by Eric Ginsburg
This can’t be right, I thought to myself as I followed my phone’s navigation through winding residential streets not far from Wake Forest University. I must have entered the address wrong.
But at the last possible curve in the road before supposedly arriving at my destination, a small commercial complex with a couple of storefronts came into view. I had slowed my car to a crawl at this point but still didn’t see a sign for a restaurant, only what looked like a private bar with two dapper gents standing out front and sharing a cigar.
There’s no way, I thought as I parked around the corner, behind a BMW and directly in front of a few sizable homes. This can’t be “Diamondback Grill.”
When a friend recommended one of his go-to Winston-Salem restaurants, he made Diamondback Grill sound like a low-key spot to grab a sandwich that might possess a little pizzazz, and said something about farm-to-table ingredients. I’d pictured a neighborhood spot, yes, but a dive, or at most something upscale yet casual like Emerywood Fine Foods in High Point. With that in mind, I invited my friend Andrew to join me for a bite so we could catch up while trying something new.
As soon as I walked in, a couple minutes before my friend, I immediately thought, This is going to look like an awkward date, and Andrew’s going to be wondering why the hell I nonchalantly invited him to a place with $23 grilled swordfish and pork chop specials.
But Andrew’s a cool dude, and appeared unfazed by the white tablecloths and clientele that overwhelmingly looked dressy enough to be at a wedding reception. I immediately made a joke about it, and pointed out that the menu also contained a $10 sloppy Joe or $9 turkey, apple and brie sandwich to balance the scales.
The large television behind him showing the Boston Celtics game and the lively mood in the room helped, too, and we were seated on what appeared to be the more casual half of the restaurant.
Regardless of what anyone expects on their first trip to Winston-Salem’s Diamondback Grill, they probably won’t anticipate the scope and versatility of the restaurant without a careful account from someone who’s already been. A close read of the menu on Diamondback’s website will help — there’s lump crab hushpuppies, seared yellowfin tuna, a quesadilla of the day and oyster nachos, and that’s just a partial listing of the “snacks” section.
Where else around here can you order a vegan burrito, Paleo zucchini noodles, grilled Norwegian salmon and hazelnut picada or a sloppy Joe? Plus the menu lists four taco options, a filet mignon salad and baked kale and beet chips.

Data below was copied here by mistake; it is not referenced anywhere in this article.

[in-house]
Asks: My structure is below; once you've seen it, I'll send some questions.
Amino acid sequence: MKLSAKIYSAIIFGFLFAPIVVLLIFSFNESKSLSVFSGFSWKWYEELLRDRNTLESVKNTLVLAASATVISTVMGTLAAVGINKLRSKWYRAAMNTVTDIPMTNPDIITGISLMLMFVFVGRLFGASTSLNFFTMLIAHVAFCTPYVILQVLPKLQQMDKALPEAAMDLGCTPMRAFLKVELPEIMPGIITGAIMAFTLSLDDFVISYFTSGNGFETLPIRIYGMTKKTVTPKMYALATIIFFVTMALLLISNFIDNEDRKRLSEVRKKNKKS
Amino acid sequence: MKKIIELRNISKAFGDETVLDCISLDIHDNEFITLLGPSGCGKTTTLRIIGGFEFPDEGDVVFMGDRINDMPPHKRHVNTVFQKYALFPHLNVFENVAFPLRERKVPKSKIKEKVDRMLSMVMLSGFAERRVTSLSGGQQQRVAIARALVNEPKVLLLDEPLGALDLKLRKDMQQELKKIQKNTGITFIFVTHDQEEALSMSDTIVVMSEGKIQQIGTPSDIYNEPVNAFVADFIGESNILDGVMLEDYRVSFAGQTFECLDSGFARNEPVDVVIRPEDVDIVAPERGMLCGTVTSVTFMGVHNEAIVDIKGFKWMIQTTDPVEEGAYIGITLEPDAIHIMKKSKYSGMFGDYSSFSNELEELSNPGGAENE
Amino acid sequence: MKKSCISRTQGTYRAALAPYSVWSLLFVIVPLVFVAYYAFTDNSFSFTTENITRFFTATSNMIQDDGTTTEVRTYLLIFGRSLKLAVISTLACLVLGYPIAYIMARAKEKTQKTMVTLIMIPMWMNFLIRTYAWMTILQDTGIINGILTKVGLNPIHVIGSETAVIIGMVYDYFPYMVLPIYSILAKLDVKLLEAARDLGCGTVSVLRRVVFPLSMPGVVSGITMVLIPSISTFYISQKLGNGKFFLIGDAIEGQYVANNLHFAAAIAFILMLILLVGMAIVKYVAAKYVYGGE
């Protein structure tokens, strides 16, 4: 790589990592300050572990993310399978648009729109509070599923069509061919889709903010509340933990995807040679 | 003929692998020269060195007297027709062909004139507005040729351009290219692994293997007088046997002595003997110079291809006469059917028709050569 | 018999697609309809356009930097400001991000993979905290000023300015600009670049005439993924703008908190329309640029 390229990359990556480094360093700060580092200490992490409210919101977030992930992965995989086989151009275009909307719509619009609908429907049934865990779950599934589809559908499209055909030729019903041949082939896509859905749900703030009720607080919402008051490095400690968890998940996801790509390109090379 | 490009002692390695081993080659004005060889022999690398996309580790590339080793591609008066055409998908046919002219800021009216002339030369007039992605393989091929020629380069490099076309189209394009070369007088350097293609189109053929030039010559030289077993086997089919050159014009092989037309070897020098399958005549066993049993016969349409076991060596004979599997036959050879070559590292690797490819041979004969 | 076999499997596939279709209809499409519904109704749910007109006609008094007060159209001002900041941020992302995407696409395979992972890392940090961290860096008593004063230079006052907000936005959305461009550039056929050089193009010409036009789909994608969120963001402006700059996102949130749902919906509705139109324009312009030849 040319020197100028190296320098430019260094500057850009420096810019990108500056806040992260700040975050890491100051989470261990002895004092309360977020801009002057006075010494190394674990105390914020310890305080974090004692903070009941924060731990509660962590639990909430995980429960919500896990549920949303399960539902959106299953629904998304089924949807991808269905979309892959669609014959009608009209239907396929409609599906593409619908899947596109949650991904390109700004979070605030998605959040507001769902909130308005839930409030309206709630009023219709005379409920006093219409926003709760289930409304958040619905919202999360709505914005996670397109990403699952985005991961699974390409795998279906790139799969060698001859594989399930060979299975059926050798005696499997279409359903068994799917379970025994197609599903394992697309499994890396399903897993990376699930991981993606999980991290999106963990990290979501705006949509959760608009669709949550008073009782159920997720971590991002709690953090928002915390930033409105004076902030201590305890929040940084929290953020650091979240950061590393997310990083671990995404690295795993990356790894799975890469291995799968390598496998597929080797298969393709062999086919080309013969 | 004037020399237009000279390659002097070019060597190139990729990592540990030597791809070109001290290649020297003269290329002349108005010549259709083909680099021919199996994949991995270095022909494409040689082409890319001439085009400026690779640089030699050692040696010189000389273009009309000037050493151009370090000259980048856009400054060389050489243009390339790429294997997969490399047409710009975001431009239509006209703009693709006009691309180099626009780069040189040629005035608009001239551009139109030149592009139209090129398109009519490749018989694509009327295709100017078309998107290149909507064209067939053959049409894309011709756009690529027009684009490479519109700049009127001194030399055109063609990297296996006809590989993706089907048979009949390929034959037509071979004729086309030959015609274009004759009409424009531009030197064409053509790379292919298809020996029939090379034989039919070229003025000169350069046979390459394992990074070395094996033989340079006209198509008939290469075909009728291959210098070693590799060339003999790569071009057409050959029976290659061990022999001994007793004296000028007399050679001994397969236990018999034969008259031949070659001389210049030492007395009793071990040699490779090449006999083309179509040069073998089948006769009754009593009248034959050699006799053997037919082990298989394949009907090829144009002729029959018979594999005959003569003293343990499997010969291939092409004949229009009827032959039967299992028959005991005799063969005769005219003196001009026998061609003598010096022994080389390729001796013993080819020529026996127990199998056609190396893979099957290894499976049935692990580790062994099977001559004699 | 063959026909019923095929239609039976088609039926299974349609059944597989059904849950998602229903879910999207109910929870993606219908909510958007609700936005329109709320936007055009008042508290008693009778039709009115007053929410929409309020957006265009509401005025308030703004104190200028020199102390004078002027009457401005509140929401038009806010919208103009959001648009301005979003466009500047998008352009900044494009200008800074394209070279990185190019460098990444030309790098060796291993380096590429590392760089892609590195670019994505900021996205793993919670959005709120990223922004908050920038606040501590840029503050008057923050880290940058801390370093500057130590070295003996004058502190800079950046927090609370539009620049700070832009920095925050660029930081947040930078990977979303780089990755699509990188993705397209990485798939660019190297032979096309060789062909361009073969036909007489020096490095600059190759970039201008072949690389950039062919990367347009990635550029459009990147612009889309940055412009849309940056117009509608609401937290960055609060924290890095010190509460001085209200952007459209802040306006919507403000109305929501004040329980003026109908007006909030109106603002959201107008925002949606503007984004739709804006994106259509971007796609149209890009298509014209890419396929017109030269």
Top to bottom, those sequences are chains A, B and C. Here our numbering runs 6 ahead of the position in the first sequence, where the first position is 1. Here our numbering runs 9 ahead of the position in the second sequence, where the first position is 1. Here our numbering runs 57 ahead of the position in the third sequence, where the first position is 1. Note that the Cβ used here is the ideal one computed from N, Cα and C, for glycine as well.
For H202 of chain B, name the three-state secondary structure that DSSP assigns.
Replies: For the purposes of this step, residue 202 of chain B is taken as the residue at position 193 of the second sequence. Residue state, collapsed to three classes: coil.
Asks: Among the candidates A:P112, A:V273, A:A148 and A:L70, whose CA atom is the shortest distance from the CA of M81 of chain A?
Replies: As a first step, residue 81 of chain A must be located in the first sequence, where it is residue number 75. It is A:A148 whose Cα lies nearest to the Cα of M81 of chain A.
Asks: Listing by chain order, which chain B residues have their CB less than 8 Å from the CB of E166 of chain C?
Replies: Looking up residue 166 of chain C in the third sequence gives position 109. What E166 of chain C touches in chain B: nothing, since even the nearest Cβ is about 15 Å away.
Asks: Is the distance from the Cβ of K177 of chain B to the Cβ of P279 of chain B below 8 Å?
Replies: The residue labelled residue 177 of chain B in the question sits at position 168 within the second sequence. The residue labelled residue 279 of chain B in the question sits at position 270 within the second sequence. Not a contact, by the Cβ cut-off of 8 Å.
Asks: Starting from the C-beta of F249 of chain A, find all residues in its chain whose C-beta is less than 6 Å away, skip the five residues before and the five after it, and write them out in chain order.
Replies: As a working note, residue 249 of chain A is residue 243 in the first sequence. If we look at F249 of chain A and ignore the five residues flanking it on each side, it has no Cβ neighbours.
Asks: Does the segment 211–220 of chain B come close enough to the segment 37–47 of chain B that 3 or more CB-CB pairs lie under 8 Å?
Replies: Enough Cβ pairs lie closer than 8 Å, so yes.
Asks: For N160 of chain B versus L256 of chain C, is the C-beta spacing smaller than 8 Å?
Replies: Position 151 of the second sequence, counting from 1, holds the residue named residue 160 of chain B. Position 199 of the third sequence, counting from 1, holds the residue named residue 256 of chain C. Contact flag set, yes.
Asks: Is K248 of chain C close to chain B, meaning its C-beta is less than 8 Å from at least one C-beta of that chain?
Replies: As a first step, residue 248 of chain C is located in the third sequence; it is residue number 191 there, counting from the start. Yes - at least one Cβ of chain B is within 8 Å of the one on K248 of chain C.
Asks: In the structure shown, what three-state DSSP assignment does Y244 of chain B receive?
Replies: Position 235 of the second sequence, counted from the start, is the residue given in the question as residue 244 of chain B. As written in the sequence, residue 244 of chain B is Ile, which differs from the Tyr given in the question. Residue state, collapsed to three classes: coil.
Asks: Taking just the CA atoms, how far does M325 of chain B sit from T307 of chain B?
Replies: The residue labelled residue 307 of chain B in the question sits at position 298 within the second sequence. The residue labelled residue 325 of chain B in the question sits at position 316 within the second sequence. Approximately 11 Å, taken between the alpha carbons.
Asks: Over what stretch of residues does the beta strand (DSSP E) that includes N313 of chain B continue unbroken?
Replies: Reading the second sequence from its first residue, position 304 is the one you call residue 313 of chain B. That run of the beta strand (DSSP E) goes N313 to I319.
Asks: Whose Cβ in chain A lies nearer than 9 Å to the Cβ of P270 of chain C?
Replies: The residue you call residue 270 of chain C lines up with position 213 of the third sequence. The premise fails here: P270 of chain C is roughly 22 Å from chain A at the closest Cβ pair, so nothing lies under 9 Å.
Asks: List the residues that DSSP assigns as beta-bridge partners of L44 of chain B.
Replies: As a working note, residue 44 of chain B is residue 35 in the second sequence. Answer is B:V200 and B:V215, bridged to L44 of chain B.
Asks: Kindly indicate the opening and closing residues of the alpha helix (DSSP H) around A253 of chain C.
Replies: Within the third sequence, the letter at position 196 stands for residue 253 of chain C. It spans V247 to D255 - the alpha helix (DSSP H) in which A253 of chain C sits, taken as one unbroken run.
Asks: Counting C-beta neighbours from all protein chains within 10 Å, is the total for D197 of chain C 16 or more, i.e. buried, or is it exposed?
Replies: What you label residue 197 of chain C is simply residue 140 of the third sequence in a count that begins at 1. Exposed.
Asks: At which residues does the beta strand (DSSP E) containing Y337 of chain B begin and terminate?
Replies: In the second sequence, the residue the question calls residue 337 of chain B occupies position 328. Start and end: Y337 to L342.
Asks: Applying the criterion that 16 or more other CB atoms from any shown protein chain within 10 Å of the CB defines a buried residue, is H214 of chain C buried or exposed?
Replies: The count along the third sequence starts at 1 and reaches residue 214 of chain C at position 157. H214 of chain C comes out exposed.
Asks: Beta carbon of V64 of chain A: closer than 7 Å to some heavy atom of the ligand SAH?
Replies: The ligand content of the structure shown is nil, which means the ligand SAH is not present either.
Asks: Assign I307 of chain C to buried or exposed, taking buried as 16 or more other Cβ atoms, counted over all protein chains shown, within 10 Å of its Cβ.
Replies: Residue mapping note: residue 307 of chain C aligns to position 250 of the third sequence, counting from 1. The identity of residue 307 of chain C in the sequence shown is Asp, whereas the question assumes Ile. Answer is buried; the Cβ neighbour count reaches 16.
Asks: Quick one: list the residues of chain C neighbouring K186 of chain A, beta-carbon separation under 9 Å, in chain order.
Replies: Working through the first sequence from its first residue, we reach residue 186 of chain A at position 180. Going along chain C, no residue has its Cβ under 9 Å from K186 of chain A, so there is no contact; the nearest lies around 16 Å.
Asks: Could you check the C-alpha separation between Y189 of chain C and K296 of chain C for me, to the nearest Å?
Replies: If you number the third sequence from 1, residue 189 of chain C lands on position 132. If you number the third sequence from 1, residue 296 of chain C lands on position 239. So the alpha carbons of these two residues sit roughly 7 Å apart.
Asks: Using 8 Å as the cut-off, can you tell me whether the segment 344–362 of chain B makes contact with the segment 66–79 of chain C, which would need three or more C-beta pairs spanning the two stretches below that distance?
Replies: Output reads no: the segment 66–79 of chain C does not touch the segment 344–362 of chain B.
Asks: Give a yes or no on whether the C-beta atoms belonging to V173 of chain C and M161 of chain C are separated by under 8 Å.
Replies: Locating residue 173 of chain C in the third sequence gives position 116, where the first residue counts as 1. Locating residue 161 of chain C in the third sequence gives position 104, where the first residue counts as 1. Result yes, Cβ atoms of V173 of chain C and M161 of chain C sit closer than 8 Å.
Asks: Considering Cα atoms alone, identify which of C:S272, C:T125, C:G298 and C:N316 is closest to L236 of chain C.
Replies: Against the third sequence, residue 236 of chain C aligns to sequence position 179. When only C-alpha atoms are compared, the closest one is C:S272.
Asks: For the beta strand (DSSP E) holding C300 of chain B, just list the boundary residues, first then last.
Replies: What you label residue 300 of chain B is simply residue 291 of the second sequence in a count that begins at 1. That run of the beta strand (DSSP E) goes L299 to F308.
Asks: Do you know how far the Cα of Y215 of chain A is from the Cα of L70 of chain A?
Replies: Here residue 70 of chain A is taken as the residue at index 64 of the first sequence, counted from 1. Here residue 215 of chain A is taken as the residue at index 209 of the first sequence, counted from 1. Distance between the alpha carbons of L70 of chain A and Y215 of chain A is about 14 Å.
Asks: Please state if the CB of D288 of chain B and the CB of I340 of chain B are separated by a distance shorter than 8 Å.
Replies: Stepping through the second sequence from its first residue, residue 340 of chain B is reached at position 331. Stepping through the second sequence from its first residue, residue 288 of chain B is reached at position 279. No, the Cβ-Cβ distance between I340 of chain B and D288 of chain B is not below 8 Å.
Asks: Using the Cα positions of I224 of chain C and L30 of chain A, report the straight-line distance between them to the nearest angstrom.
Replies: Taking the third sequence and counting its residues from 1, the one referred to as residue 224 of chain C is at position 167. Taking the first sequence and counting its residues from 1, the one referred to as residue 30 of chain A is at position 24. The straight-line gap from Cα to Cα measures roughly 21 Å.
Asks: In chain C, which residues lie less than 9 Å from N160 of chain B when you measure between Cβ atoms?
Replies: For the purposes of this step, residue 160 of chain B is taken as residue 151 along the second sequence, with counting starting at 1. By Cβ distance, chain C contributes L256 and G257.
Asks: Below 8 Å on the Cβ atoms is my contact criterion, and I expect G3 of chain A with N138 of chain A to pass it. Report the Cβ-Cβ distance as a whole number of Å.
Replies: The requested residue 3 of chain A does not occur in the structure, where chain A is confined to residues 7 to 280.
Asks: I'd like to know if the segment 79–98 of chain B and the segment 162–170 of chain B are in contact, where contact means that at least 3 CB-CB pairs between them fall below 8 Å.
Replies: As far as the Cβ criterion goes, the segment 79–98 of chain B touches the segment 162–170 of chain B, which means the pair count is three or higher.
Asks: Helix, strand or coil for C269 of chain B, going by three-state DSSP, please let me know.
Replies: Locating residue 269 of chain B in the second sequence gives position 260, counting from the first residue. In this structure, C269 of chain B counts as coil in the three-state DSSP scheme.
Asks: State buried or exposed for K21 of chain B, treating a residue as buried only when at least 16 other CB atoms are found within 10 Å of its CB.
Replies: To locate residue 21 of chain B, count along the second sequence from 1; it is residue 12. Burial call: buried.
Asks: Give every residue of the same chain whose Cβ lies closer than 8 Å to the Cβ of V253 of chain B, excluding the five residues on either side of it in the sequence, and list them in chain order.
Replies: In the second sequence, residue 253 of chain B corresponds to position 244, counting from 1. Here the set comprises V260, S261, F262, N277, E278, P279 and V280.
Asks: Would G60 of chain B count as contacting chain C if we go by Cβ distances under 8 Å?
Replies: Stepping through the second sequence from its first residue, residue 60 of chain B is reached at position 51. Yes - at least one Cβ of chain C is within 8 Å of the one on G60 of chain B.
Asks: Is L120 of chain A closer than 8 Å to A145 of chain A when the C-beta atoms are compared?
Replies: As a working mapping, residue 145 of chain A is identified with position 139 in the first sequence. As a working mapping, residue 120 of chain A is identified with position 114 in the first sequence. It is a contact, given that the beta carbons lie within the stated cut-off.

Scouring the menu, I could see why someone had recommended this place — fresh, local ingredients including a strong selection of seafood but also comfort items like veggie lasagna and shrimp & grits, making it easy to show up regularly and have widely varying experiences.
The quinoa bowl with artichokes, roasted beets and herbed cashew cheese tempted me, but on our server’s recommendation, I ordered the sea scallop salad special, which came with cranberries and chunks of grapefruit. And I threw in the enticing Devils on Horseback — maple bacon wrapped around raw almonds, gournay cheese and peppadew pepper topped with house sriracha — as an appetizer.
Andrew ordered the baked kale and beet chips to share; I’m glad he did, especially thanks to the beet chips, which were firmer and more flavorful. And as I imagined after taking in the menu before he arrived, he gravitated towards the sandwich section, opting for the blackened chicken tacos. They proved to be tasty, much more so than the accompanying sweet potato fries, but didn’t hold together well.
But my choices really delivered.
I still wish I’d ordered the lump crab hushpuppies, but the Devils on Horseback — a variation on a dish I’ve had before by the same name with figs or dates instead of almonds and pepper — are a great starter to share, not pretentious or classless but right in the middle, ideal for a friendly meal or a date alike.
And if the well prepared scallop and unique and satisfying pairing with grapefruit is any indication of how this kitchen handles seafood (which takes up a considerable amount of the menu), then sign me up.
Patrons crowded Diamondback Grill on a recent Friday night, likely the reasons that orders took longer than expected to emerge from the kitchen. And if I hadn’t had somewhere to be, I would’ve tried to convince Andrew that we should order another round of beers, pick a shared plate or two, and stick around for a little while.
Visit Diamondback Grill at 751 N. Avalon Ave. (W-S) or at diamondbackgrill.com.